Chief Baker Charles Joughin

If there is any story that James Cameron missed when he wrote "Titanic," it is that of the ship's chief baker, Charles Joughin.  In a night filled with tragedy, Joughin's experiences were comical.  One can only marvel at such good fortune.  The following excerpt is from Walter Lord's A Night to Remember (1955, Bantam Books, pp. 132-35):

"The sea was silent too.  No one saw a trace of life in the waves that rippled the smooth Atlantic as the first light of dawn streaked the sky.

"But one man still lived--thanks to a remarkable combination of initiative, luck and alcohol.  Four hours earlier, Chief Baker Charles Joughin was awakened, like so many on the Titanic, by that strange grinding jar.  And like many others he heard the call to general quarters a little after midnight.

"But Joughin didn't merely report to the Boat Deck.  He reasoned that if boats were needed, provisions were needed too; so on his own initiative he mustered his staff of 13 bakers and ransacked the Titanic's larder of all spare bread.  The bakers then trooped topside carrying four loaves apiece.

"This done, Joughin retired to his cabin on E Deck port side, for a nip of whiskey.

"About 12:30 he felt sufficiently fortified to re-ascend the stairs to his Boat, No. 10.  At this stage it was still difficult to persuade the women to go; so Joughin resorted to stronger methods.  He went down to the Promenade Deck and hauled some up by force.  Then, to use his own word, he 'threw' them into the boat.  Rough but effective.

"Joughin was assigned to No. 10 as skipper, but he thought there were enough men to handle the boat; so he jumped out and helped launch it instead.  To go with it, he explained, 'would have set a bad example.'

"It was now 1:20.  He scampered down the slanting stairs again to his cabin on E Deck and poured himself another drink.  He sat down on his bunk and nursed it along--aware but not particularly caring that the water now rippled through the cabin doorway, swilled across the checkered linoleum, and rose to the top of his shoes.

"About 1:45 he saw, of all people, gentle old Dr. O'Loughlin poking around.  It never occurred to Joughin to wonder what the old gentleman was doing way down here, but the proximity of the pantry suggested that Joughin and the doctor were thinking along similar lines.

"In any case, Joughin greeted him briefly, then went back up to the Boat Deck.  None too soon, for the Titanic was listing heavily now, and the slant was much steeper.  Any longer, and the stairs might have been impossible.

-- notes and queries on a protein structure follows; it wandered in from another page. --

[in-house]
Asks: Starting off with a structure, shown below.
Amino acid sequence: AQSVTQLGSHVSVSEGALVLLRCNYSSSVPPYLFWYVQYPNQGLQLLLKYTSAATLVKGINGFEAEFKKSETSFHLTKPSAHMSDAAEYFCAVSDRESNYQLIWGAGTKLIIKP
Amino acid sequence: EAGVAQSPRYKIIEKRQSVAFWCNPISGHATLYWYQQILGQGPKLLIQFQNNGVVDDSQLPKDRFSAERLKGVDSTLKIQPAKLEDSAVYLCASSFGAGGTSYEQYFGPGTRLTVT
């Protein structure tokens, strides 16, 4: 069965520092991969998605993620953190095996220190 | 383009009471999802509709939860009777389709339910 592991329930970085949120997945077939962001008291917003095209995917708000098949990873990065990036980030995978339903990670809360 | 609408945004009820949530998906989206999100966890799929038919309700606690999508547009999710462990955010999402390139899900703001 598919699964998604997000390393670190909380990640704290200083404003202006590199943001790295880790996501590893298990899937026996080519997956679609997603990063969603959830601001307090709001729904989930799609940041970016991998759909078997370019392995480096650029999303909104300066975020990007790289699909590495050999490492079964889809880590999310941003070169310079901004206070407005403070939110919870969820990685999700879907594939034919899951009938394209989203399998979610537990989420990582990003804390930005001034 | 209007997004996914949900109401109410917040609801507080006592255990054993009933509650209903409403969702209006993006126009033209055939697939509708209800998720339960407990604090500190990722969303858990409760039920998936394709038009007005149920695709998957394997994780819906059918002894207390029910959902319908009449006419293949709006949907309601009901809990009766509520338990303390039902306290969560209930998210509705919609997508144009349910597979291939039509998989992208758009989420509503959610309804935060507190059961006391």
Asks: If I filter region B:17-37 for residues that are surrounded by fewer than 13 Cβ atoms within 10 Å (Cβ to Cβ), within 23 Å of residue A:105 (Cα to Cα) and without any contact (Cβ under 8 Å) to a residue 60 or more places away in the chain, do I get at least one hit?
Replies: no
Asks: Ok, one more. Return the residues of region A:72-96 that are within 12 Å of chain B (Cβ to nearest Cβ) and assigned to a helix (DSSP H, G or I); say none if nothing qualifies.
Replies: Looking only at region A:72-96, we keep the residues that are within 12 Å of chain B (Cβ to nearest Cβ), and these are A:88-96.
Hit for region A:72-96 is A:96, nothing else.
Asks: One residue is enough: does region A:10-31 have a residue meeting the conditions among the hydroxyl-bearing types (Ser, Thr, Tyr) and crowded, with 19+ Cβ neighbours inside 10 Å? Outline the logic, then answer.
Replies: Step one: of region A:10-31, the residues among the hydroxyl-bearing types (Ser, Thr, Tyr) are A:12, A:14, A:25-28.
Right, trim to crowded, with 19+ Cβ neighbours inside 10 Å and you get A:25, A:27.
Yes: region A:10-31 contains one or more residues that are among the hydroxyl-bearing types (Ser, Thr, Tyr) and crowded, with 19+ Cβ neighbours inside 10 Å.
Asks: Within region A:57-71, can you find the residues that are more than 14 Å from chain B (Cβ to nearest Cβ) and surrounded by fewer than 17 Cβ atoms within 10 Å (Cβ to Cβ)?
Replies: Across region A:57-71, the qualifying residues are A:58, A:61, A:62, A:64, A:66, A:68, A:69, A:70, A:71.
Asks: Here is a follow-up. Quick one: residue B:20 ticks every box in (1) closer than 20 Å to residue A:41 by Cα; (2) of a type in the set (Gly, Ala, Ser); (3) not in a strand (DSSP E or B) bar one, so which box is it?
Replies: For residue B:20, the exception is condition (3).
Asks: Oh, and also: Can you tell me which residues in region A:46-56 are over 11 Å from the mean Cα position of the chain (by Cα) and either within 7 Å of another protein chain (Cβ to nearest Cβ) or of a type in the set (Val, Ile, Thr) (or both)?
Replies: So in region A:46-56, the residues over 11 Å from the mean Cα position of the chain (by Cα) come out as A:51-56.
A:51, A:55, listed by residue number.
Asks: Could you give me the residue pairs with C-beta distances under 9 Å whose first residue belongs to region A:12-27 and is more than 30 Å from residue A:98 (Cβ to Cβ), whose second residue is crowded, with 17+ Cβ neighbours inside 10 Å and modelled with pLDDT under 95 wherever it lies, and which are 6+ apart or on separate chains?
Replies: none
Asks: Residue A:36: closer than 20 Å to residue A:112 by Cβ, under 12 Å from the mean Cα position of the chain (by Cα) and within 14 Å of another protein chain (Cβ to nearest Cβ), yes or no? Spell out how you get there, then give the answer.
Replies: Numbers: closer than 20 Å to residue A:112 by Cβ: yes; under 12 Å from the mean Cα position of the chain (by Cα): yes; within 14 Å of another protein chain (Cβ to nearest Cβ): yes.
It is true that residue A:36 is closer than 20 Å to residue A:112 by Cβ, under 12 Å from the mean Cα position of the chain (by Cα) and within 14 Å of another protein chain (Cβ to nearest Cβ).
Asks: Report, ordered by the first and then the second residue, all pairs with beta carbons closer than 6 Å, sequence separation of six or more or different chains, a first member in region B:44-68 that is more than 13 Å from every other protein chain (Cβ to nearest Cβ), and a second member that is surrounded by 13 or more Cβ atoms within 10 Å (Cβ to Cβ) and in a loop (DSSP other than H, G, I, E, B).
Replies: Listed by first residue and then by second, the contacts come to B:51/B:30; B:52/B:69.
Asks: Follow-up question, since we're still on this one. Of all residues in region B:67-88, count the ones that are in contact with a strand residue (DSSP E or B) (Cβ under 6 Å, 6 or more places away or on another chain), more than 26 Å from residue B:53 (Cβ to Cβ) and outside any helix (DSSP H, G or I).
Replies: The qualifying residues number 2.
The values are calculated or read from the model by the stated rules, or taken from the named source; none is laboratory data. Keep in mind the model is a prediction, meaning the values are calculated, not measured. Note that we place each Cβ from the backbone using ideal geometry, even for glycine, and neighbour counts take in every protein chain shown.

"Though all the boats were gone, Joughin was anything but discouraged.  He went down to B Deck and began throwing deck chairs through the windows of the enclosed promenade.  Others watched him, but they didn't help.  Altogether he pitched about 50 chairs overboard.

"It was tiring work; so after he lugged the last chair to the edge and squeezed it through the window (it was a little like threading a needle), Joughin retired to the pantry on the starboard side of A Deck.  It was 2:10.

"As he quenched his thirst--this time it was water--he heard a kind of crash, as though something had buckled.  The pantry cups and saucers flew about him, the lights glowed red, and overhead he heard the pounding of feet running aft.

"He bolted out of the pantry toward the stern end of A Deck, just behind a swarm of people, running the same way and clambering down from the Boat Deck above.  He kept out of the crush as much as possible and ran along in the rear of the crowd.  He vaulted down the steps to B Deck, then to the well deck.  Just as he got there, the Titanic gave a sickening twist to port, throwing most of the people into a huge heap along the port rail.

"Only Joughin kept his balance.  Alert but relaxed, his equilibrium was marvelous, as the stern rose higher and corkscrewed to port.  The deck was now listing too steeply to stand on, and Joughin slipped over the starboard rail and stood on the actual side of the ship.  He worked his way up the side, still holding onto the rail--but from the outside--until he reached the white-painted steel plates of the poop deck.  He now stood on the rounded stern end of the ship, which had swung high in the air some 150 feet above the water.

"Joughin casually tightened his lifebelt.  Then he glanced at his watch--it said 2:15.  As an afterthought, he took it off and stuck it into his hip pocket.  He was beginning to puzzle over his position when he felt the stern beginning to drop under his feet--it was like taking an elevator.  As the sea closed over the stern, Joughin stepped off into the water.  He didn't even get his head wet.

"He paddled off into the night, little bothered by the freezing water.  It was four o'clock when he saw what he thought was wreckage in the first gray light of day.  He swam over and discovered it was the upturned Collapsible B.

"The keel was crowded and he couldn't climb on, so he hung around for a while until he spied an old friend from the kitchen--entrée chef John Maynard.  Blood proved thicker than water, Maynard held out his hand and Joughin hung on, treading water, still thoroughly insulated."

In Joughin's own words, at the British inquiry:

"I got on to the starboard side of the poop; found myself in the water.  I do not believe my head went under the water at all.  I thought I saw some wreckage.  Swam towards it and found collapsible boat ("B") with Lightoller and about twenty-five men on it.  There was no room for me.  I tried to get on, but was pushed off, but I hung around.  I got around to the opposite side and cook Maynard, who recognized me, helped me and held on to me." (Gracie, p. 221)

Eventually, two other boats, Nos. 4 and 12, came to the assistance of Collapsible B and Joughin finally came out of the water.


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